A Dictionary of the English Language
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Above (preposition)

View Scan · View Transcription · from pages 59, 60

View Scan · View Transcription · from pages 59, 60

Abo've. prep. [from a, and buꞅan, Saxon; boven, Dutch.]

  1. Higher in place.

    So when with crackling flames a cauldron fries,
    The bubbling waters from the bottom rise;
    Above the brims they force their firy way;
    Black vapours climb aloft, and cloud the day.
    Dryden, Æneid vii. l. 643.

  2. More in quantity or number.

    Every one that passeth among them, that are numbered from twenty years old and above, shall give an offering unto the Lord. Exodus, xxx. 14.

  3. Higher in rank, power or excellence.

    The Lord is high above all nations, and his glory above the heavens. Psalm cxiii. 4.

    The public power of all societies is above every soul contained in the same societies. Hooker, b. i.

    There is no riches above a sound body, and no joy above the joy of the heart. Ecclesiasticus, xxx. 16.

                  To her
    Thou didst resign thy manhood, and the place
    Wherein God set thee above her, made of thee,
    And for thee: whose perfection far excell'd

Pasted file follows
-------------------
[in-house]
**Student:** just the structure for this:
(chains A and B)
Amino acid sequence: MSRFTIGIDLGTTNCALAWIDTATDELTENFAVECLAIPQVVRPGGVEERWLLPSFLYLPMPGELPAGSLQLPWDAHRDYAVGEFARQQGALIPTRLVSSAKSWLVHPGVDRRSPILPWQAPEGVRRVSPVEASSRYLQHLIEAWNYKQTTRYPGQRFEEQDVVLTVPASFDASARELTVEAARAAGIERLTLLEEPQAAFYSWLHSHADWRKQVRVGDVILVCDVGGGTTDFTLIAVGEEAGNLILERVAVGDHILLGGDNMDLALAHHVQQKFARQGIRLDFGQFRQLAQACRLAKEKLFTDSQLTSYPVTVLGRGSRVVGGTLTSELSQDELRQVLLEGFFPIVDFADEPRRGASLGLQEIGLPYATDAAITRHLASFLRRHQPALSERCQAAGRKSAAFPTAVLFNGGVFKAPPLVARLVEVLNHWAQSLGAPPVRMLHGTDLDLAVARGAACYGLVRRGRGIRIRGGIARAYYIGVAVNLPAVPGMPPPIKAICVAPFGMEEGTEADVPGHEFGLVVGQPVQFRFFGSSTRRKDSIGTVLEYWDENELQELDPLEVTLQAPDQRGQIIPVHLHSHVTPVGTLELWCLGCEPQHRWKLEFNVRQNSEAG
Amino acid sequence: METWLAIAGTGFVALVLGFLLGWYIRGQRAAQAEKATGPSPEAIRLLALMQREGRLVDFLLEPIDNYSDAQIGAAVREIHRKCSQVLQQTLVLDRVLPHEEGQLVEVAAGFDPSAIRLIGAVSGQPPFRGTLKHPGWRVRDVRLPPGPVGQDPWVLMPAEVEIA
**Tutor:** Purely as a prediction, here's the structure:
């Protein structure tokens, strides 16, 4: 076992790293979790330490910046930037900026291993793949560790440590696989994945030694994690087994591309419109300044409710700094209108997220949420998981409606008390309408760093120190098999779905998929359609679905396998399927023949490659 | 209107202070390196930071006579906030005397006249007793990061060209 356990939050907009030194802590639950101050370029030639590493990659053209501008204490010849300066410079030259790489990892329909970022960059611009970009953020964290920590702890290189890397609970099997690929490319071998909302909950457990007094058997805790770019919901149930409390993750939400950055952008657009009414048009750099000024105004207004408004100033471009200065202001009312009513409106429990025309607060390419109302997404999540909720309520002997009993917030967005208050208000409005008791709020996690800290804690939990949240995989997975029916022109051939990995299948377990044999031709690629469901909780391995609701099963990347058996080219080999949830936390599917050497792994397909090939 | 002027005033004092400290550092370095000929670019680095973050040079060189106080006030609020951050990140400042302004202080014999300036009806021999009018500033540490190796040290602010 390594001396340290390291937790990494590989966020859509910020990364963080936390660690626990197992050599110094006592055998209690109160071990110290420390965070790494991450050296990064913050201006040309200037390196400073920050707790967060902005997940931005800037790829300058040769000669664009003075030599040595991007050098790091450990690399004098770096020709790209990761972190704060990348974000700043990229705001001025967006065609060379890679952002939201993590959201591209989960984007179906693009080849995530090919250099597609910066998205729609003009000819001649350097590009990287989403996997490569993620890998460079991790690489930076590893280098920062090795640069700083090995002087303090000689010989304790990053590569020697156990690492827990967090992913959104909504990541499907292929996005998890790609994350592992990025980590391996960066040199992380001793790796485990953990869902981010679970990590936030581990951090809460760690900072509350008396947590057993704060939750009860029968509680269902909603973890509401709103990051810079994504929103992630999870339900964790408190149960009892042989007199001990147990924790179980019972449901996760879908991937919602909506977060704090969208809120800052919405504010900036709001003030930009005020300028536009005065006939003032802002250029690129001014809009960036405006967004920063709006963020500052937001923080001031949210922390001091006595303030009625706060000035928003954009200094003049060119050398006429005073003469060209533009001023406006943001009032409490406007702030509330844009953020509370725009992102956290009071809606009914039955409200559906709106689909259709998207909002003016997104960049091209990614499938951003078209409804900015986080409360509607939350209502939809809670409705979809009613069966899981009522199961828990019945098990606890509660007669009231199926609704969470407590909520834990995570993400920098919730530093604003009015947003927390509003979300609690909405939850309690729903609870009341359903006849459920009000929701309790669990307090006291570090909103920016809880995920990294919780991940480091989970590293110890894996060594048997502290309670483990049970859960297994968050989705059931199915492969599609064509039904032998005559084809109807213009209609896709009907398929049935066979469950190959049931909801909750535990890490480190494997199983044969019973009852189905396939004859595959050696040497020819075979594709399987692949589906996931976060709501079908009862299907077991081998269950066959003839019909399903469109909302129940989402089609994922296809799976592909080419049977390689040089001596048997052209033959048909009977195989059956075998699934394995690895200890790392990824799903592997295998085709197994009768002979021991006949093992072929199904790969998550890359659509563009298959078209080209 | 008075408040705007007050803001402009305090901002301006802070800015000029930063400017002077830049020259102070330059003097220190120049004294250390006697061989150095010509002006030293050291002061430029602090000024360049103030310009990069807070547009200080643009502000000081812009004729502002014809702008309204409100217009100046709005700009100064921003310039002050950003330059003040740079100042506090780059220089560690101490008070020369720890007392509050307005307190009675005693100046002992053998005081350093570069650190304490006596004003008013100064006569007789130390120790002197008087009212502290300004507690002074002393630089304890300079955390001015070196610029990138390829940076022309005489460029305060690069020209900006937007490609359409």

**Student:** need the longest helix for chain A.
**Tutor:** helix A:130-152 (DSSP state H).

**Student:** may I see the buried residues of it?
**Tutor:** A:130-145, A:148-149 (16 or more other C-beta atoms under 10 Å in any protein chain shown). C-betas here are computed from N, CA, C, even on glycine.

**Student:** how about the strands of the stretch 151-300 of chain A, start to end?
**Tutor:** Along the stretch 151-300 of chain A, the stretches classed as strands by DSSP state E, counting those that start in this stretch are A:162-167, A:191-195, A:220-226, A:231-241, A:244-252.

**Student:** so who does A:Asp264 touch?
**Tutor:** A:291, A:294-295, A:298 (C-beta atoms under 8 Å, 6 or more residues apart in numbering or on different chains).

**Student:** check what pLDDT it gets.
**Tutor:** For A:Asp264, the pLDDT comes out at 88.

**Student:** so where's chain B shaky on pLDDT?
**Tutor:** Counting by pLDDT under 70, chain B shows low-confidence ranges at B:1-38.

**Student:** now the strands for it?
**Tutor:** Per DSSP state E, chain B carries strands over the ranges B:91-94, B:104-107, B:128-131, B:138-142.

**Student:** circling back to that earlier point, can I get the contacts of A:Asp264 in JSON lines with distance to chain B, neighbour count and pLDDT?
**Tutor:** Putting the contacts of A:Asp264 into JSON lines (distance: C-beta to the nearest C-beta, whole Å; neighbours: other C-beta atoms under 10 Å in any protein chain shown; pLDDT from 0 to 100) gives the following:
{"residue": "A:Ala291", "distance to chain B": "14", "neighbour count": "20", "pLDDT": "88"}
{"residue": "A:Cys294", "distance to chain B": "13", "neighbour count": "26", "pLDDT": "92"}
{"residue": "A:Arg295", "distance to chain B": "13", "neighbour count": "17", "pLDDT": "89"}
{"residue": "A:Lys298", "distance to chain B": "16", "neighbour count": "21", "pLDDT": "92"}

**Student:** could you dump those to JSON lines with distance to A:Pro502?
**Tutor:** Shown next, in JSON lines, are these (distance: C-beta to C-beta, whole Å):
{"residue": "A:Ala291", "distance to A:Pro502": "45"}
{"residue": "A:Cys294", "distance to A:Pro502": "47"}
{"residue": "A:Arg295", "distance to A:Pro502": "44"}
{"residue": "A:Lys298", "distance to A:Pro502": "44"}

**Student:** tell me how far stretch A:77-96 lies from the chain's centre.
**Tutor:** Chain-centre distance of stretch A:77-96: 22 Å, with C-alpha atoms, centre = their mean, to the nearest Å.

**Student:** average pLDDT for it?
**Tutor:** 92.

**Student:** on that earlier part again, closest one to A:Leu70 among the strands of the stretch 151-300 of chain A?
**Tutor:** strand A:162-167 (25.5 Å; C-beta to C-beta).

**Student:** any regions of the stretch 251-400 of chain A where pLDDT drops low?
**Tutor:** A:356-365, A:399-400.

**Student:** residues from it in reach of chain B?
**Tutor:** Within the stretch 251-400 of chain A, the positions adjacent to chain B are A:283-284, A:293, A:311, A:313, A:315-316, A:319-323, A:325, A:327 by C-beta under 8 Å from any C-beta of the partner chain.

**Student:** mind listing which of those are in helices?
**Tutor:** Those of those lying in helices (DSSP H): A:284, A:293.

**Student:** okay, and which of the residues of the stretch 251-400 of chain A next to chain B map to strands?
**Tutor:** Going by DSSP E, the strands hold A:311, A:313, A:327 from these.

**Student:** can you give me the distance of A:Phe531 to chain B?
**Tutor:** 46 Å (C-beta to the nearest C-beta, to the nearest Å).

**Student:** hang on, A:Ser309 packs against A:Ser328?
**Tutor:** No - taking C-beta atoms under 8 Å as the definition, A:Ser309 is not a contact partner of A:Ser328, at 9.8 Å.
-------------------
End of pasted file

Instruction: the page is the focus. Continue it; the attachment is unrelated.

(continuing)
Her's , in all real dignity.
    Milton's Paradise Lost, b. x. l. 147.

    Latona sees her shine above the rest,
    And feeds with secret joy her silent breast.
    Dryden's Æneid.

  4. Superiour to; attainable by.

    It is an old and true distinction, that things may be above our reason, without being contrary to it. Of this kind are the power, the nature, and the universal presence of God, with innumerable other points. Swift.

  5. Beyond; more than.

    We were pressed out of measure, above strength; insomuch that we despaired even of life. 2 Cor. i. 8.

    In this, of having thoughts unconfused, and being able, nicely to distinguish one thing from another, where there is but the least difference, consists, in a great measure, the exactness of judgment and clearness of reason, which is to be observed in one man above another. Locke.

    The inhabitants of Tirol have many particular privileges above those of the other hereditary countries of the emperour. Addison on Italy.

  6. Too proud for; too high for. A phrase chiefly used in familiar expression.

    Kings and princes, in the earlier ages of the world, laboured in arts and occupations, and were above nothing that tended to promote the conveniences of life. Pope's Odyssey; notes.

Sources: The Bible - 2. Corinthians (10) · Addison, Joseph (408) · Dryden, John (788) · The Bible - Ecclesiasticus (27) · The Bible - Exodus (25) · Hooker, Richard (175) · Locke, John (269) · Milton, John (449) · Pope, Alexander (393) · The Bible - Psalms (29) · Swift, Jonathan (306)

Attributes: Dutch (90) · Preposition (8) · Saxon (215)

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Cite this page: Johnson, Samuel. "Above (preposition)." A Dictionary of the English Language: A Digital Edition of the 1755 Classic by Samuel Johnson. Edited by Brandi Besalke. Last modified: January 26, 2014. http://johnsonsdictionaryonline.com/?p=720.


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